Aloha Hawaii

Travel photography has always been my favourite type of photography (although photographing little ones is now a close second). New sights, colours, architecture, food, landscapes and people offer endless subjects for photos. So it was no surprise that I took over a thousand pictures on our recent trip to the Hawaiian islands of Kauai and Maui. But since no one (not even my super supportive and always interested parents) wants to look through a thousand pictures, I had to narrow them down to the best of the bunch.

While paring down photos to a more manageable set is never my favourite task, I find the following tips helpful to keep in mind:

  1. Keep a sufficient mix to tell the story of your trip (e.g. culture, landscape, architecture, places you stayed, etc). 
  2. Even though a photo might not be technically perfect, it's a keeper if it captures a unique moment or makes you remember something truly special.
  3. There is no need to have 29 different photos of the same beautiful sunset (...or building or flower, etc.). Pick a couple of the best and move on.
  4. Less is often more when posting photos online, printing or showing to friends and family. Review, delete the weakest photos and flag your favourites. Repeat. And repeat again. And yet again.

Take a look at my Hawaiian favourites!


31 photos in 31 days

Way way back in March (it seems like so long ago now that the nice weather has finally arrived) I was a feeling a little low on photography inspiration. I needed a project. I had seen Project 365s online where you take a photo every day for a year. But that seemed a little daunting so instead I embarked on Project 31.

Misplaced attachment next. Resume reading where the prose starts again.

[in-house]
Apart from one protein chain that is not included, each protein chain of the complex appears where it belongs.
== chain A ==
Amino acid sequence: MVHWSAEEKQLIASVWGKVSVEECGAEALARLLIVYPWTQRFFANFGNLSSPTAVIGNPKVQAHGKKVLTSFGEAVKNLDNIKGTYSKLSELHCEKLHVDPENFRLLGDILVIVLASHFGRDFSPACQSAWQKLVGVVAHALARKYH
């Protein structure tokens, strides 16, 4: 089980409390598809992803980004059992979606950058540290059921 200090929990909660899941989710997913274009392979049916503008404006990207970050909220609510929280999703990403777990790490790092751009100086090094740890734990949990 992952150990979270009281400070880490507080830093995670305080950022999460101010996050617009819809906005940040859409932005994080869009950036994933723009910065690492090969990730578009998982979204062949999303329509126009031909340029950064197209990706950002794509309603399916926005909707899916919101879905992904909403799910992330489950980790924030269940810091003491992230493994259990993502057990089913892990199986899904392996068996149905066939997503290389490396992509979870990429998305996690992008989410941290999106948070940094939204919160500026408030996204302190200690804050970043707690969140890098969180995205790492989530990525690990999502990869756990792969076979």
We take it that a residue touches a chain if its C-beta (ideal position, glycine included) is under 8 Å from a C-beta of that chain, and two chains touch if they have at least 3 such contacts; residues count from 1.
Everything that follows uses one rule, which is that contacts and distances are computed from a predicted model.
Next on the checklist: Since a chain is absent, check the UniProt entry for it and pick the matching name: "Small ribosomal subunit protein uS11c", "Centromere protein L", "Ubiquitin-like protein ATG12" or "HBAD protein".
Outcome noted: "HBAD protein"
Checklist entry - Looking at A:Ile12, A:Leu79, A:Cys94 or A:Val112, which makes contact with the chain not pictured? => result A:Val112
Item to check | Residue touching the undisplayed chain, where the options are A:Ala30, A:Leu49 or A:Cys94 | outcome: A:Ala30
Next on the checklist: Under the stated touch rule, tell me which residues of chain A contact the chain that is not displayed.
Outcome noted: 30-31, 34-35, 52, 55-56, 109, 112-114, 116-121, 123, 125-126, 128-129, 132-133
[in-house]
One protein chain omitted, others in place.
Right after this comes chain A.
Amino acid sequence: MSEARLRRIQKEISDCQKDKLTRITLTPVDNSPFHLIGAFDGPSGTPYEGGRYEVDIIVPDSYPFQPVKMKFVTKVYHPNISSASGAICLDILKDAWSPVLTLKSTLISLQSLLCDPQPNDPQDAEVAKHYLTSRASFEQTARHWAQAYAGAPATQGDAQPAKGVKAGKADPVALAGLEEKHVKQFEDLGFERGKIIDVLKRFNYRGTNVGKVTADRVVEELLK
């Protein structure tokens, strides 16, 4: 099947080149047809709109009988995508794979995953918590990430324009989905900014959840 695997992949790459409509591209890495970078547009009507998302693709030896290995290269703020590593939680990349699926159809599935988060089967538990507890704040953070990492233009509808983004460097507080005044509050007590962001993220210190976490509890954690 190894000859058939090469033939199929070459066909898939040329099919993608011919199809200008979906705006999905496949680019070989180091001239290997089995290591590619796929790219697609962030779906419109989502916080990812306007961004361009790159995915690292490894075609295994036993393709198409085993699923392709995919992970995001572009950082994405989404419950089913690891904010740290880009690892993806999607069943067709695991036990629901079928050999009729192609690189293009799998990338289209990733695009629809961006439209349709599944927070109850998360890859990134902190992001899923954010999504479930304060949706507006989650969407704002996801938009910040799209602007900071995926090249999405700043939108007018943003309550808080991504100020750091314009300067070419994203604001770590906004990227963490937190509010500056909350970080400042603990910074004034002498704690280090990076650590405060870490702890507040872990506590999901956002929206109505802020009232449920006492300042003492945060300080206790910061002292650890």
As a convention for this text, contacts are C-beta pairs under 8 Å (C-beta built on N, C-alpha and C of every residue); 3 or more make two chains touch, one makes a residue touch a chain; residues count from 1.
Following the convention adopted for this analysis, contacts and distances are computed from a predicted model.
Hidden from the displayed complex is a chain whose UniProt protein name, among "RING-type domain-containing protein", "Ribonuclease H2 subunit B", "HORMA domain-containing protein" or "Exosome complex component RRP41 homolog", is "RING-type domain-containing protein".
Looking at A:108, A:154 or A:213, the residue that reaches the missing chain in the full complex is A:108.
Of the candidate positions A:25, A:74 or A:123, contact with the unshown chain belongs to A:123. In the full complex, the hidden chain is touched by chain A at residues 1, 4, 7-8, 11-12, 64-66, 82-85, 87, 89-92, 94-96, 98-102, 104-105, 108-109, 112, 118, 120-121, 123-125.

So how did it go?  I liked that it challenged me to find something interesting in the everyday and ordinary, like on March 9 when at the end of a picture-less day I ended up taking an interesting, abstract shot of my neighbour's Christmas lights (yes, Christmas lights in March). I liked that it gave me lots and lots of practice to improve my photography skills. I liked having an excuse to take my camera to places I might not normally have (see my friend's birthday on March 28). And finally as much as I like taking pictures of babies, it was a nice change to photograph non-moving subjects (like walls) that don't care how many photos you take.

But like any challenge it wasn't all roses. There were days when I just didn't know what to shoot and ended up taking a boring picture of my house (see March 17). I also found myself constantly considering if something would make a good photo, which meant I felt guilty when I saw something interesting and wasn't shooting. All in all I did breathe a sigh of relief when I realized it April 1. 

Which brings me to the final question: did I succeed in taking a picture every day? Those who skipped ahead to the pictures below might already see that one photo is missing. On March 8, I forgot to take a picture with my DSLR but I did have my husband's iPhone. He later lost his phone (and all his photos!), so March 8 just wasn't meant to be and this post should really be titled 30 photos in 31 days.